Wood Business

Features Harvesting Logging Profiles
Ensuring qualified, competent, safe workers

Aug. 11, 2017 - If you’re a logging contractor or licensee, how do you know if your employees are qualified to do their job? How do you train a new employee and make sure they have all the information and skills to be able to be productive and safe in their position?

August 11, 2017  By Gerard Messier

Traditionally, it’s been an informal system of mentoring new workers along with supervisors observing experienced workers and evaluating their work.

However, there is a better competency based assessment and training system that is currently being used by logging industries in other parts of the world like New Zealand and Australia. This system is designed to allow a learner to demonstrate their ability to do something while on the job. A key thing is that workers are assessed on the job and this determines if they can or cannot (yet) do the thing that they are learning about.

For a specific job description, say yarder operator, the full position is broken down into units of competencies – all the things you need to be able to do and understand to be a competent, qualified, safe operator of a yarder. Some of those skills will be the same between jobs – for example, operators of many types of logging equipment will need to know the basics of hydraulics. Grouping these common skills into modules allows for the transferability of skills and mobility of workers within industry and from one industry to another.

The BC Forest Safety Council (BCFSC), with funding from WorkSafeBC and the Ministry of Jobs, Tourism and Skills Training and Responsible for Labour (JTST), is working closely with experts from the logging industry to develop competency based guidelines that will help logging contractors assess and train their workers with the specific knowledge and skills for each job that they do. These guidelines are an on-the-job training and assessment toolkit that will allow employers to assess their workers against a standard and determine if they are qualified or if they need additional training.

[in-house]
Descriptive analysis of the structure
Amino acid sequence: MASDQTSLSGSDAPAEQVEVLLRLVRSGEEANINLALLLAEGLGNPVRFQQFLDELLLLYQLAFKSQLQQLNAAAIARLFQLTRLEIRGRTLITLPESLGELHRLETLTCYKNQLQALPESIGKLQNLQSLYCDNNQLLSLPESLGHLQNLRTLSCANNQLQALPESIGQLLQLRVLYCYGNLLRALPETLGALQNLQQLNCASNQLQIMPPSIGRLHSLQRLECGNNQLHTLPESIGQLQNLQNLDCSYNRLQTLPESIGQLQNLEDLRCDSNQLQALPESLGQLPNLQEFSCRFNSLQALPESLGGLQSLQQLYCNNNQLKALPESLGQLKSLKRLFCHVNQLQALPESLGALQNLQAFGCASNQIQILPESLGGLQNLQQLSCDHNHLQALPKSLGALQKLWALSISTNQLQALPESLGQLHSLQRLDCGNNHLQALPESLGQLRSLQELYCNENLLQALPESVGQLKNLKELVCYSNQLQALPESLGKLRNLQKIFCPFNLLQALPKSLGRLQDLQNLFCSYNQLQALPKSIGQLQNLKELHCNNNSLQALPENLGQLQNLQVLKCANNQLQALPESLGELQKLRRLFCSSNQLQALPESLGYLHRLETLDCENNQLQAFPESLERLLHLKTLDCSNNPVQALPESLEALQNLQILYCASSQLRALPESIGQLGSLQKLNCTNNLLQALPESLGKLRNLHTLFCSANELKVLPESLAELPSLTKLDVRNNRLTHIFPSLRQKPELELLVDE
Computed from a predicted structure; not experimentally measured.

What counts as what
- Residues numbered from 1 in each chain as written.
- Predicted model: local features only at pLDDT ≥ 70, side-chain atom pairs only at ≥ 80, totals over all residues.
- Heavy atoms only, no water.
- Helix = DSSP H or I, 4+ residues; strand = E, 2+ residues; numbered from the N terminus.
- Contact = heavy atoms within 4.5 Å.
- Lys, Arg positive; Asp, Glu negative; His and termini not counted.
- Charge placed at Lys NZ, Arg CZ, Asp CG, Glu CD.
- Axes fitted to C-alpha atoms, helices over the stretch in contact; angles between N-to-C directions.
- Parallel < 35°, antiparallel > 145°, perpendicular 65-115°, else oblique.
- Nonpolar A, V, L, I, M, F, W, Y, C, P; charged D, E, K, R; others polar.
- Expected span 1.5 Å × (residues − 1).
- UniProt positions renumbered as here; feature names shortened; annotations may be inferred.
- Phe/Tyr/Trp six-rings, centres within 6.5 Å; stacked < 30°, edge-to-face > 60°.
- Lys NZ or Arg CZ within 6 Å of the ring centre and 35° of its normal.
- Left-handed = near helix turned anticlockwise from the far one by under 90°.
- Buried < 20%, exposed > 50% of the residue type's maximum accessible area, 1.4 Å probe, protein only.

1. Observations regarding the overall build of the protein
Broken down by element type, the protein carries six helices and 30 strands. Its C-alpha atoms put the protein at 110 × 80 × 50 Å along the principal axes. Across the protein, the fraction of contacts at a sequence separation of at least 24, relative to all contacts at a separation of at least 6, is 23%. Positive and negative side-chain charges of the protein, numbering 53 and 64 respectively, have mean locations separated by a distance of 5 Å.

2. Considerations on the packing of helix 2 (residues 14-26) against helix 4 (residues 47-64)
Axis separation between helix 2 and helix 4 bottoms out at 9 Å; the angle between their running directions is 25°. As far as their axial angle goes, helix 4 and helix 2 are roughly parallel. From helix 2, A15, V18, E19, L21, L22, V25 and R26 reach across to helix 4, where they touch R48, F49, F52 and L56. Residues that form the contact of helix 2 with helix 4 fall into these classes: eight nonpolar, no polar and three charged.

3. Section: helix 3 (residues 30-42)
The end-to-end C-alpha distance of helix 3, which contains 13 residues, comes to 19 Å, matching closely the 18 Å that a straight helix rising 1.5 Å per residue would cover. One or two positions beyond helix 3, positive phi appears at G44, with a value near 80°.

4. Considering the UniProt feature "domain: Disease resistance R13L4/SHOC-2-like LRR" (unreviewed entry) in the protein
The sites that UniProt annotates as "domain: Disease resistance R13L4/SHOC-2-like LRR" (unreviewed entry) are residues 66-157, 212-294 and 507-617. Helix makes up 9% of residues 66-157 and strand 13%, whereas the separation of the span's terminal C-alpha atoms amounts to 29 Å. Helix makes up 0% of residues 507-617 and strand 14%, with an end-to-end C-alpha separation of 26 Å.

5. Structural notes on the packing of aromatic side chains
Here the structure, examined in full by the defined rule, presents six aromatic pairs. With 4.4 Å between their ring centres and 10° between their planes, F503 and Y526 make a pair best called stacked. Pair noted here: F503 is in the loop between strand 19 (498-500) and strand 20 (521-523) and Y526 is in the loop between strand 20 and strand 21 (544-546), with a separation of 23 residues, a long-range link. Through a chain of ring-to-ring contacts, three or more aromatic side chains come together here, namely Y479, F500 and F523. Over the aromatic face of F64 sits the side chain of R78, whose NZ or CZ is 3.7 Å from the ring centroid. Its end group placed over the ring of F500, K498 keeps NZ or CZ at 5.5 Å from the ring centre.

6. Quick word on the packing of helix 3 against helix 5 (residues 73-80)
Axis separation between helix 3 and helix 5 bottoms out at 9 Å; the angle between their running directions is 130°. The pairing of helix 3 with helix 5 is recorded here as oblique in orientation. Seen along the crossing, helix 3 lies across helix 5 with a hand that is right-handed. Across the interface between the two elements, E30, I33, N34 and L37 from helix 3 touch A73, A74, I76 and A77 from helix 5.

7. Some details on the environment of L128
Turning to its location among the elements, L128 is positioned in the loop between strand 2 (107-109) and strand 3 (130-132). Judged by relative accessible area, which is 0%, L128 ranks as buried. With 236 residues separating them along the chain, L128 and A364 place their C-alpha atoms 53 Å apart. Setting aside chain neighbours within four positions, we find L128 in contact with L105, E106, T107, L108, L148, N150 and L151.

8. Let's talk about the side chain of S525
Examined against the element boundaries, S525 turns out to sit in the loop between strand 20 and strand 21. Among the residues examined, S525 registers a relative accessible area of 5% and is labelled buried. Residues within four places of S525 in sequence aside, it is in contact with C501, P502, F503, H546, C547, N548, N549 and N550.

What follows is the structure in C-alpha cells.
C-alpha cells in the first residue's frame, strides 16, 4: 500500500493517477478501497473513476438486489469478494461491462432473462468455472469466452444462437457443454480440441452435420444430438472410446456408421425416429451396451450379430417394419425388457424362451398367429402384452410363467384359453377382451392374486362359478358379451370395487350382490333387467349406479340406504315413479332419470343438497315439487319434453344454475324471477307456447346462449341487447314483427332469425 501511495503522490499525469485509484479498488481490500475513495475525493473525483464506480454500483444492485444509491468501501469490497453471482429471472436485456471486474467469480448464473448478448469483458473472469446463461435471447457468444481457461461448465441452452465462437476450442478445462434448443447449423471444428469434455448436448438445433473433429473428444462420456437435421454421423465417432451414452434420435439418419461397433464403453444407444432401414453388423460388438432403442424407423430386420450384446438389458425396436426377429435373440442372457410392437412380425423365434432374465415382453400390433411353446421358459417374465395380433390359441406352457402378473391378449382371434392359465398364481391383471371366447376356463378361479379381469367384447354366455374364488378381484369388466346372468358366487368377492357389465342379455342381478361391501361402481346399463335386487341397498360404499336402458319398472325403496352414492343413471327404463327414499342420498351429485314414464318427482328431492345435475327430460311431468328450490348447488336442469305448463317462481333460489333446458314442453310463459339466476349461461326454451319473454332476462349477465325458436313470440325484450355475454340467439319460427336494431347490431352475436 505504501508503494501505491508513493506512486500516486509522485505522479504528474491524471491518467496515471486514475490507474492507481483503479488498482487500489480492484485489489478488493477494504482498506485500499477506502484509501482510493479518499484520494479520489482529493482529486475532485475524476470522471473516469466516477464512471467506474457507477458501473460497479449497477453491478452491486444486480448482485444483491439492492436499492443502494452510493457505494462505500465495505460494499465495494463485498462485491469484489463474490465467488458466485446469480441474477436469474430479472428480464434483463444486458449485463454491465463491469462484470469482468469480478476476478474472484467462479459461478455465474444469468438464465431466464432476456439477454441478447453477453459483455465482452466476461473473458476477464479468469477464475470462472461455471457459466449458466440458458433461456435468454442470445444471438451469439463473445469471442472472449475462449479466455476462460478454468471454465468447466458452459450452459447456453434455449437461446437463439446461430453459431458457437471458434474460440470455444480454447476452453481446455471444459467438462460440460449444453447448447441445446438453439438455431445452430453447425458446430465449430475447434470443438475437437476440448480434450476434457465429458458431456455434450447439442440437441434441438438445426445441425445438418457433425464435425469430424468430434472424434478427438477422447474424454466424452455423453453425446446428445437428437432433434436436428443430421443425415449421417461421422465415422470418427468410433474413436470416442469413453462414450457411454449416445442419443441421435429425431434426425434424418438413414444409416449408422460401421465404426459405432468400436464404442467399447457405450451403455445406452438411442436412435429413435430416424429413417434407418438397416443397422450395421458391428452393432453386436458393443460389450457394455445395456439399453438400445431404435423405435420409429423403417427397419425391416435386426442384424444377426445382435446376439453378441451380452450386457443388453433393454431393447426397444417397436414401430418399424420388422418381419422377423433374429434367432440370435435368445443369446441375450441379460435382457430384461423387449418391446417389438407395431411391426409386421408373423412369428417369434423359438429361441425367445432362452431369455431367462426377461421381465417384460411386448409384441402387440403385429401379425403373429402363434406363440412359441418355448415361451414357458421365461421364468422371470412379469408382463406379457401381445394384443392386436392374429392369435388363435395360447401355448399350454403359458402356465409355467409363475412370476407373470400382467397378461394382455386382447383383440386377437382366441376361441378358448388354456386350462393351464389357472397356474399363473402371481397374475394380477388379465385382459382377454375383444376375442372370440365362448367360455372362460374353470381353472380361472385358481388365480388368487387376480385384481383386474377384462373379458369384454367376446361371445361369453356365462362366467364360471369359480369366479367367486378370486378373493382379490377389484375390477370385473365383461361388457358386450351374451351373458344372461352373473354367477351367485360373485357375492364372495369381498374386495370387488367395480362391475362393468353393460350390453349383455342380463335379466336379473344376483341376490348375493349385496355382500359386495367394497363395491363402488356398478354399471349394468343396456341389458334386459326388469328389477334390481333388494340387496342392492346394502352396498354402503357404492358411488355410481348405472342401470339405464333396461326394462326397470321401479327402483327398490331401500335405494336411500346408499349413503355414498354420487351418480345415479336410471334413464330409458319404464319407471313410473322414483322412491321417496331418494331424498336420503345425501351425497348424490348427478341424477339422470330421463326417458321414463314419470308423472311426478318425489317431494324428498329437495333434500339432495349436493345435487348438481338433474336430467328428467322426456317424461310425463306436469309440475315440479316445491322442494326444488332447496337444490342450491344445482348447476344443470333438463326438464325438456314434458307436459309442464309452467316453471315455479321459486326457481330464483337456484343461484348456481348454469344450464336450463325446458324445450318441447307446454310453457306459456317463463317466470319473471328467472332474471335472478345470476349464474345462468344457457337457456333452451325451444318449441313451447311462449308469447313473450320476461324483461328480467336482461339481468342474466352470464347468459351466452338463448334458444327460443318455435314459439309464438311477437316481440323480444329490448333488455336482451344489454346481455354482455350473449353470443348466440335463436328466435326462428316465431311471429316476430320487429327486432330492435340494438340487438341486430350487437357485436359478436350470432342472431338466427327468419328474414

Currently, competency standards have been developed for manual tree falling and for six cable yarding occupations along with the required learning resources and worker assessment tools. Pilot programs to test and refine these tools will be conducted in the second half of 2017 with existing workers in these yarding occupations and with new workers in the beginning of 2018. The pilots for falling will proceed after WorkSafeBC approval, tentatively expected later this year.

In addition, a JTST-funded program is underway for the development of guidelines for about 30 additional occupations related to road construction and mechanized harvesting which includes winch assist equipment, transportation and heli-rigging.

The BCFSC will submit a proposal to JTST to request continued funding for the development of the training materials for these 30 occupations. If successful, the training materials for these occupations will be developed in 2018.

All the training resources and assessment checklists will be made available, free of charge thanks to the public funding for their development, through an online learning and competency management system. This will enable industry to deliver on-the-job training to support the due diligence requirement of a qualified workforce, and allow existing professionals in the different occupations to take refresher training at their convenience – when and where it is most convenient for them online.

Competency guidelines have been completed or are being developed for the operation of the following equipment and occupations: faller, supervisor, non-articulating trucks (log and gravel), silviculture supervisor, bucker, grapple yarder, articulating trucks, brushing and weeding crewperson, excavator, tower, fuel trucks, heli-rigger, dozer, chokerperson, hiab trucks, trainer, wheel loader, rigging slinger, feller buncher, assessor, grader, landing utility person, skidder (wheeled and tracked), coach, backhoe, hook tender, dangle head processor, internal verifier, rock drill, crew boat, forwarder, external verifier, forklift, boom boat, and hoe chucker.    

This work will continue to be a focus of BCFSC’s efforts in supporting the development and assessment of a qualified and competent workforce where workers are well trained and well supervised leading to better safety outcomes.

Gerard Messier, RPF, is the program development manager for the BC Forest Safety Council.

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